Eagle Glassheim's first book, Noble Nationalists: The Transformation of the Bohemian Aristocracy, was published by Harvard University Press in 2005. His current book, Cleansing the Czechoslovak Borderlands, was published by University of Pittsburgh Press in 2016. Ongoing research interests include the environmental history of the “Black Triangle,” an industrial and coal mining region spanning Poland, Czechoslovakia, and East Germany; the history of dissent; the history of Central European spas; and the history of the 1970s.
Interview with Eagle Glassheim on Coal, Communism, and the Czechoslovak Borderlands.
Interview on Most: The Town that Moved.
Introduction to Cleansing the Czechoslovak Borderlands.
Glassheim reviews 'Mit unbestechlichem Blick ... Studien von Hans Lemberg zur Geschichte der bohmische Lander und der Tschechoslowakei' by Hans Lemberg.
This course will introduce you to major themes in twentieth-century German history and historiography. We will examine continuities and discontinuities in German development from the Empire through World War I and the Weimar Republic, with a special emphasis on the causes of the breakdown of Weimar democracy and the rise of Hitler's National Socialism. The course will then turn to the Nazi revolution in politics and society, focusing on the place of racism, anti-Semitism and anti-Communism in Nazi ideology and practice. We will look at how Nazi ideology combined with the structure of the Nazi state and the cover of the Second World War to produce the unique horror of the Holocaust. The total defeat of Germany in 1945 and its subsequent reconstruction as two states again raises the question of continuities and discontinuities. We will trace the divergent, but linked histories of democratic West Germany and the Communist East, concluding with the dramatic fall of the Berlin Wall in 1989 and subsequent reunification of the two states.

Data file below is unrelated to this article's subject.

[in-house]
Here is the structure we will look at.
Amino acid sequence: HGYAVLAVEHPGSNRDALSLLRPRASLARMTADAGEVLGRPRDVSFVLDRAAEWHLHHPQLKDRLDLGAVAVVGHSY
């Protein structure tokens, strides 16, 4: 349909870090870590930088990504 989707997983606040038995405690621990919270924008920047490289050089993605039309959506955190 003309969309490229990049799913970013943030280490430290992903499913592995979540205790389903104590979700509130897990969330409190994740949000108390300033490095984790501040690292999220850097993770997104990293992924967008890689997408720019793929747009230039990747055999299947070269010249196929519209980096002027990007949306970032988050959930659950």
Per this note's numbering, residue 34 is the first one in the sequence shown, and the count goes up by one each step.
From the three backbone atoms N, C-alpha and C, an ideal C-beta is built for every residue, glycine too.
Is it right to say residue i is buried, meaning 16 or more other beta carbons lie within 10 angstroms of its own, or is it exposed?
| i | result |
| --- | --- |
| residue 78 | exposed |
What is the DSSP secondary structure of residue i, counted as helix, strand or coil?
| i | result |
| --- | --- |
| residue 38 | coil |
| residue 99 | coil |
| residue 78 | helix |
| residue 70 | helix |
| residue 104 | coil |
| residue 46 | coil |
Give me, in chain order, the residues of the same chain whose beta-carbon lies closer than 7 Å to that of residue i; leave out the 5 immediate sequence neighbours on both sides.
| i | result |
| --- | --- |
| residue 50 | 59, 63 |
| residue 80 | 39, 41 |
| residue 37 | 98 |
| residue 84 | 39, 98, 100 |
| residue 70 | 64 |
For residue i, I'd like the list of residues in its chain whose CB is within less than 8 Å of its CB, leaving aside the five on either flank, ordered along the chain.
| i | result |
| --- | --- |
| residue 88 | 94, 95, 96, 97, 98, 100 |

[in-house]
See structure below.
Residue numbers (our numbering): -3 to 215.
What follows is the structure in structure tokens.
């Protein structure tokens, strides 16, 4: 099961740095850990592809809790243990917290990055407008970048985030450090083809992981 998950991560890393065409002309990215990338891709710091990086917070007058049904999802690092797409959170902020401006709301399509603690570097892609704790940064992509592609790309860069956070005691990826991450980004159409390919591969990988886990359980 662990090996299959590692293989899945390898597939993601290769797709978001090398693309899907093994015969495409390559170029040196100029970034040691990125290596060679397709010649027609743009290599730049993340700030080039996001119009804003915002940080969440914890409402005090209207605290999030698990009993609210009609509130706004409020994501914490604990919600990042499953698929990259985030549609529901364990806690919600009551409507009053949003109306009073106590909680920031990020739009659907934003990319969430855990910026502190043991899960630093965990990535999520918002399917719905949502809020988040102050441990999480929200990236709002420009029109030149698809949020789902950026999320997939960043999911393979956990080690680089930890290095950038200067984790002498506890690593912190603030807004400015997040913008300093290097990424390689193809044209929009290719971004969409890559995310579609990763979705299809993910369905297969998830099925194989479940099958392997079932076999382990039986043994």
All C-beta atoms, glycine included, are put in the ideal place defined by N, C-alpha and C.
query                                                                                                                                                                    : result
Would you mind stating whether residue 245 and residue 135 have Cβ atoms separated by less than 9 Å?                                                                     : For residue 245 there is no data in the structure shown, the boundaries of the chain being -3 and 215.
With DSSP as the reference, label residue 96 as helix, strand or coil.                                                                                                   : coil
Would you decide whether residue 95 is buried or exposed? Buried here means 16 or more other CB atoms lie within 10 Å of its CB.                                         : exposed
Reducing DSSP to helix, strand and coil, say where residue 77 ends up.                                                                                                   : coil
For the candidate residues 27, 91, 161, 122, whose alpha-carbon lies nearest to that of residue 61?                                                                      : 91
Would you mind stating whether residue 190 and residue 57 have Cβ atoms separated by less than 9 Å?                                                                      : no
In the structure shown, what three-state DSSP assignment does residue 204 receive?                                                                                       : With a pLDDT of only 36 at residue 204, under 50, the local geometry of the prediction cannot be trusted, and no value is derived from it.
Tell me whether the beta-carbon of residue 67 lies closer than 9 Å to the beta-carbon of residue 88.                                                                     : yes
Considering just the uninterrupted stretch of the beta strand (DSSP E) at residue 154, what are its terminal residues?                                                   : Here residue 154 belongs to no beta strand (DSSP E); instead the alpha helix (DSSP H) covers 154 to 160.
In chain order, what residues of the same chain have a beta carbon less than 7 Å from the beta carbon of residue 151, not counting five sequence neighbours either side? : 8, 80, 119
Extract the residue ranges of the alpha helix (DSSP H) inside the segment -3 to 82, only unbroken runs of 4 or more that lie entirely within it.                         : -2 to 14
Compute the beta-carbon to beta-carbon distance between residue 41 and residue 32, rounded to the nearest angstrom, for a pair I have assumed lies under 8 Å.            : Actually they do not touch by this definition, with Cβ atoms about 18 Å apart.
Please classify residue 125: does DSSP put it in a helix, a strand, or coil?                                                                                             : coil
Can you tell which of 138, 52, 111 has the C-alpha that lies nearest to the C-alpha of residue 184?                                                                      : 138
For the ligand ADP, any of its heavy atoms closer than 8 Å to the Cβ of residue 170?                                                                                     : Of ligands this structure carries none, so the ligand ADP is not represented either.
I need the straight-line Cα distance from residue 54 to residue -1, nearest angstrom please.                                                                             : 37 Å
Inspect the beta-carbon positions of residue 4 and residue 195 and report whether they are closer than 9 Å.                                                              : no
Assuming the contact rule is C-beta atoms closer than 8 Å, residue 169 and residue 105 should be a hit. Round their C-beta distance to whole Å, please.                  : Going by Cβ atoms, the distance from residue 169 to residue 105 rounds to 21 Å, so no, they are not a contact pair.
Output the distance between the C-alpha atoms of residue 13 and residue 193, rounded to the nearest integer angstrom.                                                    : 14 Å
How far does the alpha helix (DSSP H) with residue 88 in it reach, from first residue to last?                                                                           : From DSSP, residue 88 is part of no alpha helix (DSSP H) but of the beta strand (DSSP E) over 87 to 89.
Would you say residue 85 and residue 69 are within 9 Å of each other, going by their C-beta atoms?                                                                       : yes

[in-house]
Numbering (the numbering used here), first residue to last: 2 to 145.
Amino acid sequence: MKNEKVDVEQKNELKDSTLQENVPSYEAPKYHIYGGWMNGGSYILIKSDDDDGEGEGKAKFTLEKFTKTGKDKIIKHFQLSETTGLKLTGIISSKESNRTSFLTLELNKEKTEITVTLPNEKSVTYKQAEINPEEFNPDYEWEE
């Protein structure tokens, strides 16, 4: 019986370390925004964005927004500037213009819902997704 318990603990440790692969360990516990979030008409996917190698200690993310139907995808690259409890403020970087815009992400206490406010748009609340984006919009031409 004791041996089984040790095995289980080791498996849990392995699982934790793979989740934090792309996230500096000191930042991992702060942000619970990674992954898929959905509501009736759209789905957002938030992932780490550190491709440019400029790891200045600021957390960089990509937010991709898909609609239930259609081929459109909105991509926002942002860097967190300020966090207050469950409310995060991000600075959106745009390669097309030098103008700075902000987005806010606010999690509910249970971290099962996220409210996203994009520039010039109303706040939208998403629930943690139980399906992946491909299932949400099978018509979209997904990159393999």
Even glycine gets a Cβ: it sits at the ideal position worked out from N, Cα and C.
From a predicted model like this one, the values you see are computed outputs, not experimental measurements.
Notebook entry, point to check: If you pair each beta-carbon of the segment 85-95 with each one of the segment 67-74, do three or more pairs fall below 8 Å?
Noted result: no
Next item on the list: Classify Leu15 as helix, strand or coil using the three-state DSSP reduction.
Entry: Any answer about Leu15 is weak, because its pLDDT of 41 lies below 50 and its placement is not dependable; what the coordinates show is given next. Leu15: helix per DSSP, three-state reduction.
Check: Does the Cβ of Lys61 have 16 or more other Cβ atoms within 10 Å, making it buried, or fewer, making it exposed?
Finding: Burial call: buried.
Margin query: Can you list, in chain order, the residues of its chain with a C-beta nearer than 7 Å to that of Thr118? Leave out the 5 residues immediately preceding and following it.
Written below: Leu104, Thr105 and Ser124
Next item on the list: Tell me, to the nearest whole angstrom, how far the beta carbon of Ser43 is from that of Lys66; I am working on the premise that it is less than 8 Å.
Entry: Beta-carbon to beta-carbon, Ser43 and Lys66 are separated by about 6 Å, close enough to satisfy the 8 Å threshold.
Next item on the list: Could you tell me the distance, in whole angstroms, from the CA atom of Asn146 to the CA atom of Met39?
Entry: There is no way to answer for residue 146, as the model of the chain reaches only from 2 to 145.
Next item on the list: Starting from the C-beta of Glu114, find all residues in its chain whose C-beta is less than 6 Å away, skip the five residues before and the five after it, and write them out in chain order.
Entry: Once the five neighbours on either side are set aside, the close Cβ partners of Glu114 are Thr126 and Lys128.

This course offers a survey of European history from the beginning of the twentieth century to the aftermath of the Second World War. The brief 50-year period covered by this course begins with Europe as the seat of numerous global empires and proceeds to encompass the First World War, the challenges to democracy and emergence of collectivist ideologies during the interwar era, the Second World War, and the beginnings of the unexpected postwar recovery. The course will pay close attention to the variety of source materials which historians use in order to understand this turbulent epoch of European history.
There will be two lectures each week. In addition, each student will attend a weekly tutorial discussion. Evaluation will be based on written assignments, examinations, and participation in the weekly tutorials.